Exploring an Age of Discovery by Art

Our final lecture on British Art of 18th Century took place on Friday 17 November 2023, with Jennifer acting once again as our guide to what was going on. We started (above) with the Hancock family as an illustration of the difference between servitude and slavery, and were introduced to the lady on the right, the aunt of the author Jane Austen! The hub for this adventure in art and travel round the world was the Greenwich Maritime Museum, formerly known as the Greenwich Royal Naval College, the Royal Hospital School, the Royal Naval Asylum, and before that as the Queens House and as the Tudor Palace of Placentia.

Greenwich from the North Side of the Thames – Canaletto (c.1752)

The palace was originally constructed by Humphrey, the brother of Henry V, in 1443, but was extensively altered for Queen Anne of Denmark, wife of James VI of Scotland and James I of England by the architect Inigo Jones. There is much nautical art to be found there, including an exhibition at the time of writing of the Dutch Artists we had studied earlier in 2023. Greenwich was also a major port of embarkation for the discovery of the world, and Jennifer used to three voyages of Captain James Cook as the vehicle that took us round the globe.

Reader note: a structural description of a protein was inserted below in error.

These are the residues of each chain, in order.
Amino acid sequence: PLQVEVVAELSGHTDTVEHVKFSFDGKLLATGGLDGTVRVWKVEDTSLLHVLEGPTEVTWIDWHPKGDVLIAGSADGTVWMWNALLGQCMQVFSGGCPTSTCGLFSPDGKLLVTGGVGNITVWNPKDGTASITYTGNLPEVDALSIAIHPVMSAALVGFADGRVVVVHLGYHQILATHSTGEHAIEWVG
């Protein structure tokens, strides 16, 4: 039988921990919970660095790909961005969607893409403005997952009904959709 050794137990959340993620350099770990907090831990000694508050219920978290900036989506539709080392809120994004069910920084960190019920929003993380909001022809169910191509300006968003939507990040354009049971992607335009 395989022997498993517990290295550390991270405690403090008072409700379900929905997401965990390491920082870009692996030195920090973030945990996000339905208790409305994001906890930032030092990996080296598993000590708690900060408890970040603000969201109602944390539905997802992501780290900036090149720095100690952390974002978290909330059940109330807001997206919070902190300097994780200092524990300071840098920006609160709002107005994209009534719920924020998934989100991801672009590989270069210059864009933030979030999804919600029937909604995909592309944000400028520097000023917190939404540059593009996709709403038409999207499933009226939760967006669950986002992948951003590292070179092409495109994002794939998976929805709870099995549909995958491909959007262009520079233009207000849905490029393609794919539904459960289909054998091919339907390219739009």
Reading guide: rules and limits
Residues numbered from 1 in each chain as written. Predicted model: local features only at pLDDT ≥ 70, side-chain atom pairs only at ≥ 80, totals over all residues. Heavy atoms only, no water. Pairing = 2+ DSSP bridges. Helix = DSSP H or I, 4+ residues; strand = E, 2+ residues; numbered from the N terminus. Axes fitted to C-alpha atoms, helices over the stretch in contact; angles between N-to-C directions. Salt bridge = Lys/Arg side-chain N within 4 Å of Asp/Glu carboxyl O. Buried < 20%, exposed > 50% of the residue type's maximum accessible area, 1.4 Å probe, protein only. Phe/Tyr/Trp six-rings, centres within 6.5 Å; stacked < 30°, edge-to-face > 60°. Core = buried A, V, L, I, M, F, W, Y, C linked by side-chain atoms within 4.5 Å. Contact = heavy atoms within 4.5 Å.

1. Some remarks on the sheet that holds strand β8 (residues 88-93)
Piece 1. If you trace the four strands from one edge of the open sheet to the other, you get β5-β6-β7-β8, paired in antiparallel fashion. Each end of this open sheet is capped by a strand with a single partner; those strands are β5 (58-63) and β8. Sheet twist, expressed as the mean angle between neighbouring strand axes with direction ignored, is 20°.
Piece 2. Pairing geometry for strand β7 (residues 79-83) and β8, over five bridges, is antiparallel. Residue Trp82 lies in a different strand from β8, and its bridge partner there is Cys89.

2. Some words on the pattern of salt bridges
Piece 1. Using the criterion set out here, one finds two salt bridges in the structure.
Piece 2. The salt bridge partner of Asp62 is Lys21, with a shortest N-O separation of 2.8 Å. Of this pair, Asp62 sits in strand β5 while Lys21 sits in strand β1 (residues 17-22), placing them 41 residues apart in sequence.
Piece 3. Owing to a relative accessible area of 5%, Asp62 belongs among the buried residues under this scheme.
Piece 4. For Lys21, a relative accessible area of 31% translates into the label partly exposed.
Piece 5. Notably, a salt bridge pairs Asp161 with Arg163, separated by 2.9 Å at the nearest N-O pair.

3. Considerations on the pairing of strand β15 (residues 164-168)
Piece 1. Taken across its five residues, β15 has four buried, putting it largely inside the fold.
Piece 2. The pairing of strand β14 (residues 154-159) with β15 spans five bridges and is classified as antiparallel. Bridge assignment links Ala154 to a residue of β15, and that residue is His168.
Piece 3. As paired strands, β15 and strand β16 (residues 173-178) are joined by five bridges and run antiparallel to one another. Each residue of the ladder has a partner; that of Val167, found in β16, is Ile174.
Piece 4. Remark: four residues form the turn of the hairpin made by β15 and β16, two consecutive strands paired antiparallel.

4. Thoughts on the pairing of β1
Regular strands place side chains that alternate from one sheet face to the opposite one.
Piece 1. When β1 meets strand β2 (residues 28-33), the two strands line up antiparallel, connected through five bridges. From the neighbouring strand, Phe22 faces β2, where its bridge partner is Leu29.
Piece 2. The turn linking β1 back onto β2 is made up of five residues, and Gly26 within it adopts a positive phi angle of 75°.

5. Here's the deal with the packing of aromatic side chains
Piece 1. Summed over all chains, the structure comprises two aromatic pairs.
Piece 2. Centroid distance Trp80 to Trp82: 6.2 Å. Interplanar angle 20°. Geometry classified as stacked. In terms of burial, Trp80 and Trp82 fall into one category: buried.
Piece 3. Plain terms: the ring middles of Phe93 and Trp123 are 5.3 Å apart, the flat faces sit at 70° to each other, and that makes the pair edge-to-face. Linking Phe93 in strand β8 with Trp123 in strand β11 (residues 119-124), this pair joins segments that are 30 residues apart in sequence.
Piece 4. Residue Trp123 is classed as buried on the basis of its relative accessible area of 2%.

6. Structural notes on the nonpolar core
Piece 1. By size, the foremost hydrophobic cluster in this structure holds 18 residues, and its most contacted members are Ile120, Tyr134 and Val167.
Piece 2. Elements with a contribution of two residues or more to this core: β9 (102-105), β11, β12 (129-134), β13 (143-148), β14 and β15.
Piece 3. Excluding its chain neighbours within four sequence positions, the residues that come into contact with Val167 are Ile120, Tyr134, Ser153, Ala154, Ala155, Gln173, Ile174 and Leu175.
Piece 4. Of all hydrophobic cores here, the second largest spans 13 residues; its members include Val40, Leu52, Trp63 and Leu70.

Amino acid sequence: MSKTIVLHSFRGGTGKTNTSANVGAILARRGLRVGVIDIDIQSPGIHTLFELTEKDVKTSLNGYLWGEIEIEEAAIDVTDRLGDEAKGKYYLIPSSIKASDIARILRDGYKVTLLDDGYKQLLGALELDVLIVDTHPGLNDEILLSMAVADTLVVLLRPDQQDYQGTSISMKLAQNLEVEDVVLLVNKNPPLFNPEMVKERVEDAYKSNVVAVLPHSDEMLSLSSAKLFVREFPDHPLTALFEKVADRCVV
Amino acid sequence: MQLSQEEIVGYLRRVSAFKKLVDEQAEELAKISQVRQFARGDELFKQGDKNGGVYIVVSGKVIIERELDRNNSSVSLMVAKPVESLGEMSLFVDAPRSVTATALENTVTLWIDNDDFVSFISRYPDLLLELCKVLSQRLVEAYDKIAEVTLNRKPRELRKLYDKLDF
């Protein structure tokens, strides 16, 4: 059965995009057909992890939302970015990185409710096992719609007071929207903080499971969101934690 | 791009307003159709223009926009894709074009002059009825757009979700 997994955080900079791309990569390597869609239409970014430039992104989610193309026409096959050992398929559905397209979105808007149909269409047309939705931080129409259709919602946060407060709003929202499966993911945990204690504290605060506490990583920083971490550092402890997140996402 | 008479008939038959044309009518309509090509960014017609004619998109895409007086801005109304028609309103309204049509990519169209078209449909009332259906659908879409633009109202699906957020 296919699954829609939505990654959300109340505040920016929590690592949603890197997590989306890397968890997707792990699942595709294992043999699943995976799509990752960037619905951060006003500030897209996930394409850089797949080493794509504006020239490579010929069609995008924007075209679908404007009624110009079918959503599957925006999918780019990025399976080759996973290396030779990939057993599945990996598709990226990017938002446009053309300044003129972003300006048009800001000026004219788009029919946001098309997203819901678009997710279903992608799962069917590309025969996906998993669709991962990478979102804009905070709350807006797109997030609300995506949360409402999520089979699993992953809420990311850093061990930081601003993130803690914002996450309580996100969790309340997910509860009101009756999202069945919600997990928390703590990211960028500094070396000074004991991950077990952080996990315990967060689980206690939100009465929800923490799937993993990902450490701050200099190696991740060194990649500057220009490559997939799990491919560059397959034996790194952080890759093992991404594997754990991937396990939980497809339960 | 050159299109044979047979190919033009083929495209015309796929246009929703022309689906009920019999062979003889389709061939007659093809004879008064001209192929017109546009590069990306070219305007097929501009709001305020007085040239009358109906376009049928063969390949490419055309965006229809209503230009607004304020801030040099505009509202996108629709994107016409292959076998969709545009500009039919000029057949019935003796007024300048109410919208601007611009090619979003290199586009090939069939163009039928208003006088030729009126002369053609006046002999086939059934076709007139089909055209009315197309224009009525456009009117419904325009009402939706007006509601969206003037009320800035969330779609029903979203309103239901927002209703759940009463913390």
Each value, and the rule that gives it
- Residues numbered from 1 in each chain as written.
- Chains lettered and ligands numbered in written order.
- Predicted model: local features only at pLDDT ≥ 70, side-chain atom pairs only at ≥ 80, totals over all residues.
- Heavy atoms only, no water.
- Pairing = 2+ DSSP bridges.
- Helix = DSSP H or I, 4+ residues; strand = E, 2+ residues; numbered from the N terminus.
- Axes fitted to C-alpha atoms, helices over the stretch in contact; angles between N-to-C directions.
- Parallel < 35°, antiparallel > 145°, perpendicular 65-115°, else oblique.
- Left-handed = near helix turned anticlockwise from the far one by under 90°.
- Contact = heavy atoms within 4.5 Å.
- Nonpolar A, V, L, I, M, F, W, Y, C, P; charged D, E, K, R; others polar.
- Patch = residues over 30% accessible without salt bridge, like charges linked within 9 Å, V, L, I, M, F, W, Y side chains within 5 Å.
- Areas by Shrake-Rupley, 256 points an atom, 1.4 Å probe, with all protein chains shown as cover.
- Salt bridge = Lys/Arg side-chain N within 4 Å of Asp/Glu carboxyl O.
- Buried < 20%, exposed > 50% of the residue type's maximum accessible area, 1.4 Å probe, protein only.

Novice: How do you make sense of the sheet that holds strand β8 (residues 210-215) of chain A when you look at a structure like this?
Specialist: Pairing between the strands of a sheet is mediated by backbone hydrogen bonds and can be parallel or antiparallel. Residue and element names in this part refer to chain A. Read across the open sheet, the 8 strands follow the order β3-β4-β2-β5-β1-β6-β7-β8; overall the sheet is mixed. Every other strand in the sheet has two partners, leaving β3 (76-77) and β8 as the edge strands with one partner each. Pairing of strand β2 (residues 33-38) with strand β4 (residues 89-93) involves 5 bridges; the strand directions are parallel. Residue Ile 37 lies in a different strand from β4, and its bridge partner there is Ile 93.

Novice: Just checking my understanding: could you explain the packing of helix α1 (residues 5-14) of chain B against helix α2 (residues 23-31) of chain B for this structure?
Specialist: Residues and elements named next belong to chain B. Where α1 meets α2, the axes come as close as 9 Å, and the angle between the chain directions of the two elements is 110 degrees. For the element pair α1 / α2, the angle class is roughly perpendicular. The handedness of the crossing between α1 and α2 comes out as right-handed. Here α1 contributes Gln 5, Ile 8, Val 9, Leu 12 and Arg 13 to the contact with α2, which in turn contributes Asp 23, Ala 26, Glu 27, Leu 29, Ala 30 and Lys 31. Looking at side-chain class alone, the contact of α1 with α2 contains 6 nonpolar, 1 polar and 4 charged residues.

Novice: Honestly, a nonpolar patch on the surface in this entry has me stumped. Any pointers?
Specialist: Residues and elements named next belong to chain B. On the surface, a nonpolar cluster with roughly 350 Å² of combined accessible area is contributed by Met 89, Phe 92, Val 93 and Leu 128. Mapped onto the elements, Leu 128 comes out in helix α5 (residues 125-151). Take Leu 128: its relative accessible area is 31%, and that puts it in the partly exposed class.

The three voyages of Captain James Cook

We investigated the Florilegium of Joseph Banks, with the watercolours of Sydney Parkinson and the published engravings. The skin of a Kangaroo (or Kongorou) had been brought back to the UK and later stuffed and then painted by George Stubbs. We also examined his portrait of a large Dog – both painted in 1772. Much of the scenery of the South Pacific and the attempt to find the North West Passage in the North Pacific had been recorded by 18th Century artist William Hodges, who had taken Banks’s place on the second voyage over a disagreement about the amount of artist’s equipment required. The second voyage had returned with O Mai, a native of the South Pacific who had quickly risen in 18th Century Society in London, even being painted by Sir Joshua Reynolds.

The Death of Captain James Cook, Kealakekua Bay, Hawaii in 1779 as portrayed by Johan Zoffany in 1795

The third voyage had ostensibly been organised so that O Mai could return home, but that voyage had also seen the death of Captain James Cook in 1779 in Hawaii, as portrayed above by Johan Zoffany.

Whistlejacket by George Stubbs (c1762)

After the Kangaroo and the Dog, Jennifer took us through the career of George Stubbs, introducing his famous horse paintings, including Whistlejacket, currently in the National Gallery. Stubbs had painted many race horses, including Gimcrack and Otho, as well as natural groups of horses as in Mares and Foals and River Landscape. He also painted agricultural workers collecting hay and reaping the harvest. He had also painted Mrs Musters (as had Reynolds) but there had been a number of alterations to the original painting in order to please Mr Musters who had concerns about the faithfulness of his wife! Stubbs had also painted his favourite dogs, as had Gainsborough and Hogarth.

And with that, our tour of British Art and Artists of 18th Century came to a close. This has been a most rewarding period to study, and Jennifer has guided us through it with her infectious enthusiasm and humour, based on her solid academic knowledge. We are all looking forward to another course in the Spring of 2024.

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